Why Princess Leia Is The Archetypal Strong Woman Female Leads Can’t Replicate

Why Princess Leia Is The Archetypal Strong Woman Female Leads Can’t Replicate

Princess Leia displayed her strength as a woman, whereas most of the lead action females today are simply trying to imitate the strength of men.
Eric Sammons
By

Carrie Fisher recently passed away, and a million middle-aged hearts broke. Her iconic character Princess Leia was the first movie crush for many men my age, and no character has been able to replace her.

Forty years after her introduction, she is still my favorite female movie character. Unlike today, when female action stars abound, Princess Leia was an anomaly: a strong female lead in a shoot-em-up movie. Ever since Fisher put her hair in a bun, many movie makers have attempted to duplicate her success, but none have been able to do so.

Why is that? Because Princess Leia displayed her strength as a woman, whereas most of the lead action females today are simply trying to imitate the strength of men.

Imitating the Strength of Men

Depicting feminine strength has always been a struggle for Hollywood. It’s so much simpler to project typical male strength on the big screen. Just show someone kicking the crap out of someone else, or doing some heroic physical deed. But, despite what the Left’s culture warriors want to indoctrinate in us, women have always been at a disadvantage to men in physical strength, although they take no back seat when it comes to emotional strength.

The strength it takes to hold a family together, to raise a child from infancy to adulthood, to endure suffering beyond measure without being vengeful: these are the great strengths endowed to women. But these are difficult to translate well in cinema. So, most movie makers take a short cut: show a woman beating up a man in a bar-fight, and voila! You have a “strong woman.”

Take the most obvious example: Marvel’s Black Widow. She has no superpowers, and her physique makes it doubtful she could bench-press more than 50 pounds. But Natasha Romanov routinely bests even the strongest, best-trained men in the world in physical combat. This tells us she is “strong.” Likewise for Katniss Everdeen of “The Hunger Games.” Like the Widow, she is a great warrior and can overcome any physical obstacle put in her path. Her abilities with a bow are superhuman, and are meant to show her strength and toughness.

But both Black Widow and Katniss lack a feminine aspect to their strength. You could easily interchange a male for either character and not have to make any significant changes to the script other than the love interests. Even “The Force Awakens” female lead, the mysterious Rey, could easily be a male character without any changes to her character.

Like I said, this is a lazy shortcut for movie directors, but it also ties into leftists’ views on gender differences; i.e. that none exist. They want to tell little girls that there is no difference between men and women and that a woman can literally do whatever a man can do.

But this is a fantasy: men can do things a woman can’t (such as bench-press more than 300 pounds), just like women can do things a man can’t (like give birth or go to the bathroom in groups). Yet the culture warriors on the Left will happily depict women as masculine in movies to continue to ingrain their fantasy into young heads.

The Feminine Strength of Princess Leia

This brings us to the beautiful strength of Princess Leia. She was feminine enough to be rescued by the guys and wooed by Han, but badass enough to lead the Rebellion that brought down the friggin’ Galactic Empire. Although she could mix it up when she had to—just ask Jabba the Hut—she usually stayed back and let the men do the direct fighting.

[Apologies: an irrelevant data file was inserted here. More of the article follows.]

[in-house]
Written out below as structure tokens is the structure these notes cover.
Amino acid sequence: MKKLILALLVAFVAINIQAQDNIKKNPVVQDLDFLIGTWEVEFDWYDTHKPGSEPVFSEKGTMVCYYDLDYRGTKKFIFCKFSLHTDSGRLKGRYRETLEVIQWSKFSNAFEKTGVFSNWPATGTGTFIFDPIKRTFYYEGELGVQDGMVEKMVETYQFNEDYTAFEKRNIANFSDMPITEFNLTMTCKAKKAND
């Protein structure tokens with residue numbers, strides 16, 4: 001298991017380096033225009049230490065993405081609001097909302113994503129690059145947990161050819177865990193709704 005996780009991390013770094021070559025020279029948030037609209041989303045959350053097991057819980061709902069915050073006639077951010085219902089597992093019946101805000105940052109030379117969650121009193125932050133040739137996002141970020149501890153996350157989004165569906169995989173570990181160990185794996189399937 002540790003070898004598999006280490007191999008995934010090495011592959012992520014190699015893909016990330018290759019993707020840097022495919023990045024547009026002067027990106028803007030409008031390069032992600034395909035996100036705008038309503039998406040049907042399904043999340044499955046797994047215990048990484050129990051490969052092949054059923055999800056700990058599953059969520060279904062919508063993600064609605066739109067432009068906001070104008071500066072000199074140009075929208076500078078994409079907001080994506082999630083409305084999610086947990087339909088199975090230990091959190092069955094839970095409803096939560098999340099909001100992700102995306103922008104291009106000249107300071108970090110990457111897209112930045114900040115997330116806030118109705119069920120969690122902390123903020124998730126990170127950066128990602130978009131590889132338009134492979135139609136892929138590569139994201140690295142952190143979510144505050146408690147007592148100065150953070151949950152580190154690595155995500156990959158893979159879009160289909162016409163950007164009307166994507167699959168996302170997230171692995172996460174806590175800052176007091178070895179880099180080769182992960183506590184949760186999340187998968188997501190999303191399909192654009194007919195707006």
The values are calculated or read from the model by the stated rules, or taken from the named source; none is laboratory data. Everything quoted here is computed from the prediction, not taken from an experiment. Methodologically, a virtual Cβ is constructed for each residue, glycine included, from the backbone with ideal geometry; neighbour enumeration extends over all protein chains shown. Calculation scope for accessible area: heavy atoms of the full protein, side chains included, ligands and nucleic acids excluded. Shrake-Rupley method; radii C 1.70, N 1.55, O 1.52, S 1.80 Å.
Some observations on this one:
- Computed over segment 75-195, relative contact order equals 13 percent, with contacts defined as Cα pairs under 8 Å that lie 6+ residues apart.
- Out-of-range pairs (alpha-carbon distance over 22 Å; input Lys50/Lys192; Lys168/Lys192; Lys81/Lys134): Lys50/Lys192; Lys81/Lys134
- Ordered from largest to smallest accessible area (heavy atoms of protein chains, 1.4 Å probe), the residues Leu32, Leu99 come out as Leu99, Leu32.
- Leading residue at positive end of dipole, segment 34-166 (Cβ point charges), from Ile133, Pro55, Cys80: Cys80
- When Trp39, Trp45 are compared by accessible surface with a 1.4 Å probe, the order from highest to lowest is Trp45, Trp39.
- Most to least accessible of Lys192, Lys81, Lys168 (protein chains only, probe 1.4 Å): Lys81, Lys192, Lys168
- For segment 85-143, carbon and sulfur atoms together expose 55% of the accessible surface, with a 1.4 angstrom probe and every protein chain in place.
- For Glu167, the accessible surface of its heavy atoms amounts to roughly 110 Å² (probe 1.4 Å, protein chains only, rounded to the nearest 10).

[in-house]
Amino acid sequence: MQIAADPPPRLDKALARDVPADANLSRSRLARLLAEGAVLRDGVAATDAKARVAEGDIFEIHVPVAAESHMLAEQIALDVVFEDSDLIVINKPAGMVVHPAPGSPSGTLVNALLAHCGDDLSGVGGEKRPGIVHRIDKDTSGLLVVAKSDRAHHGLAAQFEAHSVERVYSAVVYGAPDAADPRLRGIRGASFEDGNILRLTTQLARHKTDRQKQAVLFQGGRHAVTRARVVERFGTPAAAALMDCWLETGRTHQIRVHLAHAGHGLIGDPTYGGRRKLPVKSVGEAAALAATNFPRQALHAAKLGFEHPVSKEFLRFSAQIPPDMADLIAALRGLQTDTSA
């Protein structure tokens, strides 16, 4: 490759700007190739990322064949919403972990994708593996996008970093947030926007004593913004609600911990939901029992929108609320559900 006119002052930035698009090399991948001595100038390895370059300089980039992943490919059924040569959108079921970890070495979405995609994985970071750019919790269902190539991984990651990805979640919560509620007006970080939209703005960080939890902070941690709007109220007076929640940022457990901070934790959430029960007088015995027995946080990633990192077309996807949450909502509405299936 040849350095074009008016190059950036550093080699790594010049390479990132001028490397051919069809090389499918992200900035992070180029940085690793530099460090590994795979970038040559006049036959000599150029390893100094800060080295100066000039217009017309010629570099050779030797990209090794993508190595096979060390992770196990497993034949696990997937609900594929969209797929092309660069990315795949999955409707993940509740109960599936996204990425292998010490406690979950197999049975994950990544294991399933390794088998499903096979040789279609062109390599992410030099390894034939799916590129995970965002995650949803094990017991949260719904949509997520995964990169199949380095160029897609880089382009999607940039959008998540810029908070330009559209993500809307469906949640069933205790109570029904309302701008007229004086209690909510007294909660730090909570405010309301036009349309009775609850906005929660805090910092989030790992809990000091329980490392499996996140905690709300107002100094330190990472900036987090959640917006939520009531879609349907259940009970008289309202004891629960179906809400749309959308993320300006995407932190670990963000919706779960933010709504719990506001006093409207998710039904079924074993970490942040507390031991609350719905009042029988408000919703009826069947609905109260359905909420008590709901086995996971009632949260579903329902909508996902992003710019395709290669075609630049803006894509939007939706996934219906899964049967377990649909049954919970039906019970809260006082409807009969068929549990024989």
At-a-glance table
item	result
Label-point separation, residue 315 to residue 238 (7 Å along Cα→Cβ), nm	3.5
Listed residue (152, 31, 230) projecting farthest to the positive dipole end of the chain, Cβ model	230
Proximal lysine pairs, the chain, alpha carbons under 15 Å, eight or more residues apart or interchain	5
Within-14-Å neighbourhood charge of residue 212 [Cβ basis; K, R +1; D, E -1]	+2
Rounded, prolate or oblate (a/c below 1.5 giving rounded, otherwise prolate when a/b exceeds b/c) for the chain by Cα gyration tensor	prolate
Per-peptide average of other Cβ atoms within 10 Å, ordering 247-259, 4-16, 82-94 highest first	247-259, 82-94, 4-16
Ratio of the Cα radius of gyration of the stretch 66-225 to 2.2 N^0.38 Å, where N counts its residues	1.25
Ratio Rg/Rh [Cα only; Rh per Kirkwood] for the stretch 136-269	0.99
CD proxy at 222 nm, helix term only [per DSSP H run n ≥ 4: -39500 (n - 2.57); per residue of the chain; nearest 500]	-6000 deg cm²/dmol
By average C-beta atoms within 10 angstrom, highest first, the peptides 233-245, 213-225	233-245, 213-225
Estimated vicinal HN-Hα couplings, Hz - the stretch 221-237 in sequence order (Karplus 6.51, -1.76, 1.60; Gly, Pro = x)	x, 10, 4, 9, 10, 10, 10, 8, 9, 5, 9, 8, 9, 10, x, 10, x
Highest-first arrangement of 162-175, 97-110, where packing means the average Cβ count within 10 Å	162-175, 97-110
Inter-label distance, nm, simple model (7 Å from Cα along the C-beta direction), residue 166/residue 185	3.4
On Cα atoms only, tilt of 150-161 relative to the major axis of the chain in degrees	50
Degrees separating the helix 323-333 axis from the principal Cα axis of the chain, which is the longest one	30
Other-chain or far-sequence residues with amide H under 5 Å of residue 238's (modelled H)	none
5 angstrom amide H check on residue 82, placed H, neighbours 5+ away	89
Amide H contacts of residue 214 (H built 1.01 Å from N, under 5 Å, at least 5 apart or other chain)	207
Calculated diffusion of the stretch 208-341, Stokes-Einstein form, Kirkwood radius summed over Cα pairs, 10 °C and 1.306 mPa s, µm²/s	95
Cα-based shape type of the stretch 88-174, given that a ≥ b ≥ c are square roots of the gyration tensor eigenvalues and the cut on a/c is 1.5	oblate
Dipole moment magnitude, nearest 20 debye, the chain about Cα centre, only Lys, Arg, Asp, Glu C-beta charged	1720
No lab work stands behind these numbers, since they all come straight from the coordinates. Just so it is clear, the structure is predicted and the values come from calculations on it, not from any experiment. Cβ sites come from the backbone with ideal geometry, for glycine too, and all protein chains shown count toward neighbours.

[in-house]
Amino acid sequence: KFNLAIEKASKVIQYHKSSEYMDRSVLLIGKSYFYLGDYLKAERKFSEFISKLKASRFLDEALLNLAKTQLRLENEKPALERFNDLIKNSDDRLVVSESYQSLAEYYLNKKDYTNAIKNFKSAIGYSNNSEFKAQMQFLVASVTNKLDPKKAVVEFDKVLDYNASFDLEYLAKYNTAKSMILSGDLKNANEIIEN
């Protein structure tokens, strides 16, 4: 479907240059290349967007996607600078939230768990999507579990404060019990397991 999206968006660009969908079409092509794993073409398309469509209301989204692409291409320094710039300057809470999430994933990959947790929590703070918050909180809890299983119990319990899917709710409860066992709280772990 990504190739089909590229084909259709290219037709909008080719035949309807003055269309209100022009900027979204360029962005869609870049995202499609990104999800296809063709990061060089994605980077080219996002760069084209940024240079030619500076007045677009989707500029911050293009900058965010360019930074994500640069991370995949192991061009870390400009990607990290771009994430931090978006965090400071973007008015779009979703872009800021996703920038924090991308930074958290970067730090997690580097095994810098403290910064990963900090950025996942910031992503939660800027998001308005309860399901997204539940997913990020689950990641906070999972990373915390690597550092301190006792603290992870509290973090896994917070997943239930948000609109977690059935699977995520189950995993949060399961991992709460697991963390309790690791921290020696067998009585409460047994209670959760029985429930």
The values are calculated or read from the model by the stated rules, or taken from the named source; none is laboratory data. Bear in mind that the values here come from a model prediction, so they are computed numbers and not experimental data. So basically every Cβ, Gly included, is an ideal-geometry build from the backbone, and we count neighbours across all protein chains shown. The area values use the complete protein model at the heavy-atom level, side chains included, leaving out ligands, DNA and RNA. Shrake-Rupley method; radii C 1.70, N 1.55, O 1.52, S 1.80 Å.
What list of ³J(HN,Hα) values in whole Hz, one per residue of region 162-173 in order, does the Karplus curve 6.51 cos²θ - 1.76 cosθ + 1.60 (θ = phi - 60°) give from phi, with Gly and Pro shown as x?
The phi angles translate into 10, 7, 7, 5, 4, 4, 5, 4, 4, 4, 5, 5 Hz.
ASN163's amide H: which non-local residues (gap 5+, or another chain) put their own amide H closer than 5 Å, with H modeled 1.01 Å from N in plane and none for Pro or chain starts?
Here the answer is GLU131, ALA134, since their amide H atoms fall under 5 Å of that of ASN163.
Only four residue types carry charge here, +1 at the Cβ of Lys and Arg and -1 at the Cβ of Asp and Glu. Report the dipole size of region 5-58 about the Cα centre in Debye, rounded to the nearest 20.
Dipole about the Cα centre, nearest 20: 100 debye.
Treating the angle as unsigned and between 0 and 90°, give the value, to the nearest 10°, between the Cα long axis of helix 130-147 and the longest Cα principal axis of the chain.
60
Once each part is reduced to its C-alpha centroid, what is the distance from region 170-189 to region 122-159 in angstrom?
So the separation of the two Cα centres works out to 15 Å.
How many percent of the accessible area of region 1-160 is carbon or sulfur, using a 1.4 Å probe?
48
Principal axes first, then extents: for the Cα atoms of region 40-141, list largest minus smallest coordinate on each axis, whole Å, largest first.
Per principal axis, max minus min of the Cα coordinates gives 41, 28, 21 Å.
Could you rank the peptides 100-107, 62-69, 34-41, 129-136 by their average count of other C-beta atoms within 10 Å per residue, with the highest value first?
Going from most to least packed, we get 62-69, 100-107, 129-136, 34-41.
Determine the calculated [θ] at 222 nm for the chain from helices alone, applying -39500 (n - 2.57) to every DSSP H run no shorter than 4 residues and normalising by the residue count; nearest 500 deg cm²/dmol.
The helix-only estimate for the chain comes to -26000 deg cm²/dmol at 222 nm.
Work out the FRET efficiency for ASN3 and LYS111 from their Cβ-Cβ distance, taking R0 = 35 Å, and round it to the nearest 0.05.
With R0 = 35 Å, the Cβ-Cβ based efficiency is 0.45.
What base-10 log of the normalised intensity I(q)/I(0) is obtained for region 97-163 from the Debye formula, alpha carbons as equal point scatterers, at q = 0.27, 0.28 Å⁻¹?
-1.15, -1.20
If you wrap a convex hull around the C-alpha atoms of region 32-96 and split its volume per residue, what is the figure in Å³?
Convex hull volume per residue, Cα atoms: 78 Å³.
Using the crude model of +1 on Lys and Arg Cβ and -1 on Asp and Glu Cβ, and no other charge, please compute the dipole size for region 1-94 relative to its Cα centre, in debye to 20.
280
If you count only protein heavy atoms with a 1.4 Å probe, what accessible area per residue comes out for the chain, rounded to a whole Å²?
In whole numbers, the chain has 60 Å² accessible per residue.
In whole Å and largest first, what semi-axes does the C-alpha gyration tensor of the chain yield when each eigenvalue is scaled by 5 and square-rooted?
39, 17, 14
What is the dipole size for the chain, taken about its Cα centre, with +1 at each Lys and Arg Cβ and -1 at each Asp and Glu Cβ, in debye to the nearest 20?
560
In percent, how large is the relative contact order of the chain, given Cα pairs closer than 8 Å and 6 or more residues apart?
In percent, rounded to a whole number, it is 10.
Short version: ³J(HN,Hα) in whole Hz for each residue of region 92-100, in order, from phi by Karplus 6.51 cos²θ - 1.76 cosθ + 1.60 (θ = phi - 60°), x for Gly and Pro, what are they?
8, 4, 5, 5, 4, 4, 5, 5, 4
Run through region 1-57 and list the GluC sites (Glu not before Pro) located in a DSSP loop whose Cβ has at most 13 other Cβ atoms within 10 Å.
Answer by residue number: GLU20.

Yet there was never any question about who was the emotional center of the Rebellion—and the trio of Han, Leia, and Luke. While Han was vacillating between being a rebel or a rogue, and Luke was impetuously disobeying his Jedi master, Leia was always the rock. She had a mission to overthrow the Empire, and nothing could keep her from that.

Yet Leia was always pure woman. It wasn’t she who aggressively pursued Han. Instead she allowed herself to be pursued. In most movies today, the female character is the one who initiates the first kiss (think Ginny in “Harry Potter,” for example), supposedly showing that “she’s in control,” but Leia allowed Han to be the lead in their romantic relationship. All the while she remained the leader of the Rebellion that Han was a part of. Likewise, she was the “damsel in distress,” having to be rescued by the guys in “A New Hope” (although she then had to help them actually escape!).

Most likely, Hollywood wouldn’t allow a Princess Leia again. They surely wouldn’t want to have a female lead rescued by men, or stay behind during major battles. Nor would they want a woman who allowed herself to be wooed by a male lead. Yet in refusing to depict such a woman they denigrate the beautiful and unique strengths of women, strengths found in Princess Leia.

I am the father of six daughters, and it is my wife’s and my hope that they grow into strong women. Not strong women aping the strengths of men, but strong women with all the unique strengths that are part of the feminine mystique. Princess Leia was one of the few Hollywood examples of that type of woman, and Carrie Fisher should always be remembered for playing the iconic princess so well.

Eric Sammons is a freelance writer, editor, and the author of several books. He holds a degree in Systems Analysis with a concentration in Economics from Miami University in Ohio, and earned a Master of Theology degree from Franciscan University. Eric and his wife Suzan have seven children and are serious baseball fans. He can be followed on Twitter @EricRSammons.

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